Death Of 1000 Cuts – In The Barber’s Chair: Untitled (by Una)

Hello and welcome to another Death Of 1000 Cuts – making you an awesome writer, one cut at a time. This week, it’s Una’s turn in the Barber’s Chair.

Every Thursday I take an aspiring author’s killer first page – their shop window, polished up to the highest sparkle they can manage – and dismantle it for your edification. Read through the extract below, decide what you think, then read my comments beneath ‘The Cuts’. We’re working our editorial muscles here – learning to return to previous drafts with a skeptic’s eye, searching for ways to make the story stronger.

I’m aiming to do one of these a week from now on. I can only manage this if you lovely, courageous writers keep sending me first pages! If you – or anyone you know – is working on a novel or short story, please submit your first page via the ‘Contact Me’ link on the right. 250 words max, with a title – no synopsis or explanatory/apologetic blather, please. The page should be the absolute best you can make it – representative of your finest work.

And please spread the word – the blog has an insatiable appetite for first pages. We’re building a nice little readership here, and I’d be chuffed if it could continue. Hope you find it useful.

Untitled (by Una)

It never ceases to amaze me how ugly a baby it was. Nothing that young should have nose that prominent. I hope for its sake that those baby teeth grew back less fugly, but they may not have. Not that I suppose it matters now. That baby is long since grown, aged and dead… I wonder who they were? And more to the point how this photograph of them ended up adhered to a control panel of this heap? This hunk of crap is full of little clues like this that lead nowhere. Who’s wedding ring is that stuck just out of reach under the main capacitor section in the engine room? I dunno. And given the current situation it seems likely that I’ll be the last person to even ask the question.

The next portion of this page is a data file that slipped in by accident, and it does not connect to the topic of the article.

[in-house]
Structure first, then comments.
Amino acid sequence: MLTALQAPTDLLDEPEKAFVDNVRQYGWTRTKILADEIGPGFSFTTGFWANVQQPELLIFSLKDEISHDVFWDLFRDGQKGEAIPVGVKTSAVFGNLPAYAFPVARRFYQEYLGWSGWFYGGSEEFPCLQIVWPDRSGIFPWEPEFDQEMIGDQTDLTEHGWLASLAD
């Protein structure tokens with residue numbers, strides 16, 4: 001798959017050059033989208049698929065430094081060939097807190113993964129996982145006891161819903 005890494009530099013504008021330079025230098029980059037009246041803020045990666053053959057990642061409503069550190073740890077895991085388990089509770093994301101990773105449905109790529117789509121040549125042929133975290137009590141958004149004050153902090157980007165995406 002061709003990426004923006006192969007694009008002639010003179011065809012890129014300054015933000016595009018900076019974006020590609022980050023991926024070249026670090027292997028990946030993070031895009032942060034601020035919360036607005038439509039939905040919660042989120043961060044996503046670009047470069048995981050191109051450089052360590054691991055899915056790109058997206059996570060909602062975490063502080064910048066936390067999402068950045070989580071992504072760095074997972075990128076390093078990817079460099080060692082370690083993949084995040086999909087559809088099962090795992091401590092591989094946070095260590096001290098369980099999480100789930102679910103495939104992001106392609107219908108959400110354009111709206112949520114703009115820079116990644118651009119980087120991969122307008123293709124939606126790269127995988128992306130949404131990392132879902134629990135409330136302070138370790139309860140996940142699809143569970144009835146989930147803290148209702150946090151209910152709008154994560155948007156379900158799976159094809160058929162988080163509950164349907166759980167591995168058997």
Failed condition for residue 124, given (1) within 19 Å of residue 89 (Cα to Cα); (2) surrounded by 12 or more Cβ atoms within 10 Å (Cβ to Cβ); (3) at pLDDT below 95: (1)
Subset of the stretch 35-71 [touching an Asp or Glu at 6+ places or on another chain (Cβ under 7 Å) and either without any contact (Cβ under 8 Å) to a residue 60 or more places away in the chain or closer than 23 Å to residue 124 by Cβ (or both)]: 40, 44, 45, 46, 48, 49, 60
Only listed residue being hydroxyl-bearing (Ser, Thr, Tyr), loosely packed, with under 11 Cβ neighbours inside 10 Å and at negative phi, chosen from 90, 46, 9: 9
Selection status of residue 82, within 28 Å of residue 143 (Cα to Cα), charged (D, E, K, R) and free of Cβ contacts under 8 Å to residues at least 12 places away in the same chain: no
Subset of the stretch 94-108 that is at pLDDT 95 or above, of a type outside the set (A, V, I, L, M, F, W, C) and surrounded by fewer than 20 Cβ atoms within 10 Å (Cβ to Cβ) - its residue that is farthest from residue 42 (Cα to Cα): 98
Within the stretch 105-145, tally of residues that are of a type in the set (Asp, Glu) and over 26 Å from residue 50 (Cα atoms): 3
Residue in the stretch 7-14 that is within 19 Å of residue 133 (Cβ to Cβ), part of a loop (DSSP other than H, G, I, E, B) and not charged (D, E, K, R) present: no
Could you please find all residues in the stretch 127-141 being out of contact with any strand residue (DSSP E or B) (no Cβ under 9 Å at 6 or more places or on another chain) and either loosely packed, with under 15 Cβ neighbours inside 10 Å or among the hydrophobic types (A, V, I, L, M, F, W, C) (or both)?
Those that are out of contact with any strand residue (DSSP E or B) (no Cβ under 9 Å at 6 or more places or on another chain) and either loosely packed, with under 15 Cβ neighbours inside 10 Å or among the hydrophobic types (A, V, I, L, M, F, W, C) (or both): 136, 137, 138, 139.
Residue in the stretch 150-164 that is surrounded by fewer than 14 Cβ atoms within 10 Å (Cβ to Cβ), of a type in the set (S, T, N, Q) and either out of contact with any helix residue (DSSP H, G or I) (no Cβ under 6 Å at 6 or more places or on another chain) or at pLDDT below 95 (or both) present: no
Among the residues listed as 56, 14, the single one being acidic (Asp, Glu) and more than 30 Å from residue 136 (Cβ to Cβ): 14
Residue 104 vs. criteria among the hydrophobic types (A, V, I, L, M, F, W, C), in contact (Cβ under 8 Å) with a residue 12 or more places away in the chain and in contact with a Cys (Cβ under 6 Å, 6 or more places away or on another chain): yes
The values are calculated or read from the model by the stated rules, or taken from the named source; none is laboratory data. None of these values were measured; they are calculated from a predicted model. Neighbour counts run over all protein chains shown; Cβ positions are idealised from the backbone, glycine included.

The comm channel is making that sizzling noise that means a transmission is imminent. Right on schedule. It freaked me out at first, the way he could somehow tell when I was getting lonely, but trying to figure it out added exponentially to my crazy-making, unanswerable questions, so I gave it up.

Like I gave up trying to fix the engine with scrap metal and half an engine repair manual. It’s too late now, and it’ll make no difference – the fate of this crew is sealed. I would say written in the stars, but I’ve been looking into that, and so far no evidence of any foreshadowing in that quarter. Damn stars. I can’t even relate to the idea that they are beautiful anymore. I swear they taunt me while I try to sleep.

“crrzhhhhhhhhzz…..cczzccczkkkkkk….. you there? I’ve been thinking that maybe the space walk idea isn’t so bad. If we did it right, we’d at least both end up on one ship. That could be an improvement in and of itself. I mean come on… we have to do something, right?

“crrrrzzzzzzzzzzzzzzzzxkkkkkkk….crrrrrrrrrrrrrrrzzzzk……

“…. hello? I know you’re there. There’s nowhere on that bucket that you can’t hear this. Ccrzzzzzkkkkkk…”

I’m not in the mood to talk, but still the sound of his voice is somehow very comforting. Even if he is being a bit of glitching CD.

“Hey. We’ve been over this. Also, space walks are something we’re saving for when the stir-crazy gets too much. Besides, you have the better ship and thus the best equipment. And if you ended up over here we’d be in real trouble. You can’t even begin to get the levels of boredom that can be reached when there are no entertainment systems and nothing but time.”

“crrrzkkk… you should just think some more. I’m sure you’ll find there are thoughts you haven’t had yet…. ccrrzzzckk”

“yeah…” plenty of thoughts I haven’t had yet. Plenty of thoughts I’ve been working very hard not to have for years. At first, the frantic attempts to comprehend the engine systems and then the efforts to fix them had helped to keep reflection off the cards. Then, when the inevitable had overcome the optimism and the flurries of activity, sleep had warded off every unpleasantness – not just the mental ones, but the increasing hunger, and light-headedness from the rationing of food and that good ole O2. But, since I’d slept so much now that I simply couldn’t anymore, and my body has adjusted to the new limits on energy and activity, all I have to do now is think. And fuck do I not want to….